But, at the same time, I couldn’t put it down. I wanted to know what would happen to the kids; if Prosper and Bo would be able to stay together; what the detective was going to do about them. It was a fairly quick read (it took me two days of inconsistent reading to get through – so only a couple of hours, really), and in general I like Cornelia Funke and whoever translates her from the German. It wasn’t as good as the Inkheart trilogy – especially not the first book – but it wasn’t a waste of time, either.

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Coyote Blue, by Christopher Moore

I usually think Christopher Moore is a very funny writer. Lamb made me laugh out loud more than once (as it did my religiously-conservative grandfather, which is pretty impressive given the book’s subject matter). I tend to read Christopher Moore when I want something substantial but not too dense.

Coyote Blue is not really that funny a book, though. It’s about a Crow who has – sort of unwillingly – abandoned his heritage, right up to the point where Coyote, the trickster, comes back to his life and he is dragged back into it. The book still has the relatively light style of the other Christopher Moore books that I’ve read, but the irreverence of books like Lamb or Fluke just isn’t there. It maybe is meant to be, but I couldn’t find it.

That’s not to say that it’s a bad book, it’s just … less funny than I expected from Christopher Moore. I liked Sam, for the most part, but I didn’t really know Calliope as a character, and what I did know I couldn’t really identify with. The storyline got to be a little bit manic, and I’m still not sure why some of the things at the beginning happened, unless the entire motivation was to get Sam’s attention.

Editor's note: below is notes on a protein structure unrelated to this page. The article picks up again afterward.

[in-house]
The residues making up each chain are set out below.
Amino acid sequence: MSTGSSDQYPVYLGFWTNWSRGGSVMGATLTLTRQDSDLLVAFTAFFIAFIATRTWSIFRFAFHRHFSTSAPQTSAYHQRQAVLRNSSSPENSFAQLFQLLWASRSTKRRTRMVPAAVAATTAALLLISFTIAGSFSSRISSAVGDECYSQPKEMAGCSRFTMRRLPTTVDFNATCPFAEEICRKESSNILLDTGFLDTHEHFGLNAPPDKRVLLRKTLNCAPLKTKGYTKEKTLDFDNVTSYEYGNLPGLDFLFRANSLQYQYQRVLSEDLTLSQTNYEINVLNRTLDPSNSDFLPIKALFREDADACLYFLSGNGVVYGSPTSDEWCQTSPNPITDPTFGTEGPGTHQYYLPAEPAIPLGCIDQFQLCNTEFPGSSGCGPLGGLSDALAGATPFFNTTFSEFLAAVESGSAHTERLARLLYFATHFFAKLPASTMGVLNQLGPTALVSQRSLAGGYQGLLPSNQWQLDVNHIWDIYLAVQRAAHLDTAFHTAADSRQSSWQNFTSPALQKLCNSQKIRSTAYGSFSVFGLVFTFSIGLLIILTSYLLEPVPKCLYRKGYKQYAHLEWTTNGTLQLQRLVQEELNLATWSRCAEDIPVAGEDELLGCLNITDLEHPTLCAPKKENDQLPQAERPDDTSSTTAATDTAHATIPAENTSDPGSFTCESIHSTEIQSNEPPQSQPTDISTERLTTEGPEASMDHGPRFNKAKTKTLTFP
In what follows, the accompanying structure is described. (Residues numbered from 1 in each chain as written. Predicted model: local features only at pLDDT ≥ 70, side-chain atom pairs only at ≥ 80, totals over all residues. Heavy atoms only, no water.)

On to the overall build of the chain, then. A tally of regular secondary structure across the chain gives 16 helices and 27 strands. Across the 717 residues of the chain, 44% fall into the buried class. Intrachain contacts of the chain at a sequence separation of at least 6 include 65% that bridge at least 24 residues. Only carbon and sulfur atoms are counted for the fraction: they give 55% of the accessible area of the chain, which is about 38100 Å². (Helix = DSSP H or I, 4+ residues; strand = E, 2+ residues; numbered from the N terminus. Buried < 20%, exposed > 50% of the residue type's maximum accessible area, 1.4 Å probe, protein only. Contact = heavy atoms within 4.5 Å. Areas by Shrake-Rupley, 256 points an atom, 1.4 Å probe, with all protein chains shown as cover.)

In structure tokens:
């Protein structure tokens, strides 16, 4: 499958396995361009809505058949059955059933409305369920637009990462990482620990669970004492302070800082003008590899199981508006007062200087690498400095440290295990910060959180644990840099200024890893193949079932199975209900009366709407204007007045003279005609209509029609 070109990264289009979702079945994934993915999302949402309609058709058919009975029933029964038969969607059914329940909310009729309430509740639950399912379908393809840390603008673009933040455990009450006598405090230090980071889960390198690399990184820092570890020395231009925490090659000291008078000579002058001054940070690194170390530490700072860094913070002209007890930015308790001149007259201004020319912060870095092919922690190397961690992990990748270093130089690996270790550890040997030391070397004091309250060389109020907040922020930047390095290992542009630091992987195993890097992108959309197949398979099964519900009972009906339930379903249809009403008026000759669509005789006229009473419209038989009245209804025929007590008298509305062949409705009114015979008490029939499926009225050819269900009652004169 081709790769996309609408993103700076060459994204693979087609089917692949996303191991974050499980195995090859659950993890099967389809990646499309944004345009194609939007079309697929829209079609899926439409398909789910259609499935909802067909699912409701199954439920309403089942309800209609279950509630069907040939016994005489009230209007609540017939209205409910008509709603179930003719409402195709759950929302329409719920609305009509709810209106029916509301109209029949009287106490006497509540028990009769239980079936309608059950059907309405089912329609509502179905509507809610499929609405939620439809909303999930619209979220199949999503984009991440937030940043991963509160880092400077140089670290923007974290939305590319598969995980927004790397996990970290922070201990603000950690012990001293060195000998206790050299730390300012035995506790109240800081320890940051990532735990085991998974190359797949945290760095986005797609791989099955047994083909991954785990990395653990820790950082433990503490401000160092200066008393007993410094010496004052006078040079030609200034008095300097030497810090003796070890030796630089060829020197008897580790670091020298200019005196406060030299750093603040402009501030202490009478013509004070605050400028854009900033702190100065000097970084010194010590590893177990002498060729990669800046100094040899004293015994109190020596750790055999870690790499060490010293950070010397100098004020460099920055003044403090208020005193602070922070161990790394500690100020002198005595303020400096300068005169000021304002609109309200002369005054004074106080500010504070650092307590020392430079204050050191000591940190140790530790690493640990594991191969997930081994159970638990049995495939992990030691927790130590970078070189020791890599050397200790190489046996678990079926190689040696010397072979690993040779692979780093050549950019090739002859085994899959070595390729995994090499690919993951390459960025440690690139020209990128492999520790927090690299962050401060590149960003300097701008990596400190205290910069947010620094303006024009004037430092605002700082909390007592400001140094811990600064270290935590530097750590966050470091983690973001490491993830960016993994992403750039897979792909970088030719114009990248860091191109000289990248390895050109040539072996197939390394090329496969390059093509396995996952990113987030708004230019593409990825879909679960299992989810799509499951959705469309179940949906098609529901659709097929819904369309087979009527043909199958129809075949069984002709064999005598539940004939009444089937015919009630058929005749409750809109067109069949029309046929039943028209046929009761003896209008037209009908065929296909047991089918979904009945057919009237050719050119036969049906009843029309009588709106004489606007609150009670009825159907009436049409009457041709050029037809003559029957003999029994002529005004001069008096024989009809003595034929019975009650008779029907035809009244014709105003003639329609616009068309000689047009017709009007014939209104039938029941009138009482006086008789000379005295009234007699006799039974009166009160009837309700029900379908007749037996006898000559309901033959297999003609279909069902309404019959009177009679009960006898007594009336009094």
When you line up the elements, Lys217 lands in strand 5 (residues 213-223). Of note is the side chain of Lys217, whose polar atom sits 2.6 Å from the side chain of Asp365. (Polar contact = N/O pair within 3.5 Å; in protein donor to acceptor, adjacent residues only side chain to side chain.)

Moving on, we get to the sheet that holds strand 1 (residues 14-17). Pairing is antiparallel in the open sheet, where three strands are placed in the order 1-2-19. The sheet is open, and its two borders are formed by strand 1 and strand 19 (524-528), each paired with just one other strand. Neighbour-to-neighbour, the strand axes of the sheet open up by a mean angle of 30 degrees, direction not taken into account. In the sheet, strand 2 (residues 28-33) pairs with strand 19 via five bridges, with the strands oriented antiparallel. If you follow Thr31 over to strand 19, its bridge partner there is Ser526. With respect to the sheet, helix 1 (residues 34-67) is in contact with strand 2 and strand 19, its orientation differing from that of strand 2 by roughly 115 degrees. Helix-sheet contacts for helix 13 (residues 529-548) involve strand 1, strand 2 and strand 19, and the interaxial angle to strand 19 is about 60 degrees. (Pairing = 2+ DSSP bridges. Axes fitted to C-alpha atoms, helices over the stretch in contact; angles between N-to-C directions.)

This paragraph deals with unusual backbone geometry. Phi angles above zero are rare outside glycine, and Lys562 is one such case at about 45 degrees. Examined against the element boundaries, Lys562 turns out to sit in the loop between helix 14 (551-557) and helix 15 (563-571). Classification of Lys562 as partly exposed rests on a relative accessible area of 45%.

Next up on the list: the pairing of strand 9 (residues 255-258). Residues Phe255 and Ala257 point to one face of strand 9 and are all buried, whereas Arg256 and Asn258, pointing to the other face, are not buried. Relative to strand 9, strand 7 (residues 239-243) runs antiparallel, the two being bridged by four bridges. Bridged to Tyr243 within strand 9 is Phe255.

It reminded me quite a lot of Anansi Boys, by Neil Gaiman. It had some of the same themes: ancient, almost forgotten American gods who originated in Africa (spoiler! and actually something which in retrospect kind of bothers me*) forcing their attention onto the human that they have chosen to tell their stories. I like Anansi Boys better; I think it’s a more logical story (within the constructs of the story, at least).

But, again, it’s not a bad book. I did quite like it. It’s just that if you’re looking for something like Lamb, you might be disappointed.

*Why does one of the more common American gods (Coyote) need to have originated in Egypt, to be the brother of Anubis? Why can’t the American gods and the various American cultures have originated in parallel with that of the rest of the world, instead of being an off-shoot of them? It seems like an unnecessary addition. Sam could have gone to “The Spirit World” to bring Calliope back; it didn’t have to have a random Egyptian connection to make it valid. And if you’re going to throw in random lines about Mormonism being valid (I did kind of laugh at Coyote’s reaction to that), why not also play with the idea that the Vikings were the first “white” people to settle in North America, and have it be Valhalla that Sam finds himself in? Having it be Egypt doesn’t really make sense to me, on a number of different levels. I may not know that much about the Crow beliefs, but I dislike the fact that he went outside an American context when the rest of the book is so focused on the Crow and the “Native American” culture. (Yes, I put “Native American” in quotation marks. They’re not a homogenous group.) I think he probably could have – and, in my opinion, should have – found a different path to the same thing, one that didn’t implicitly diminish the value of native American beliefs and cultures.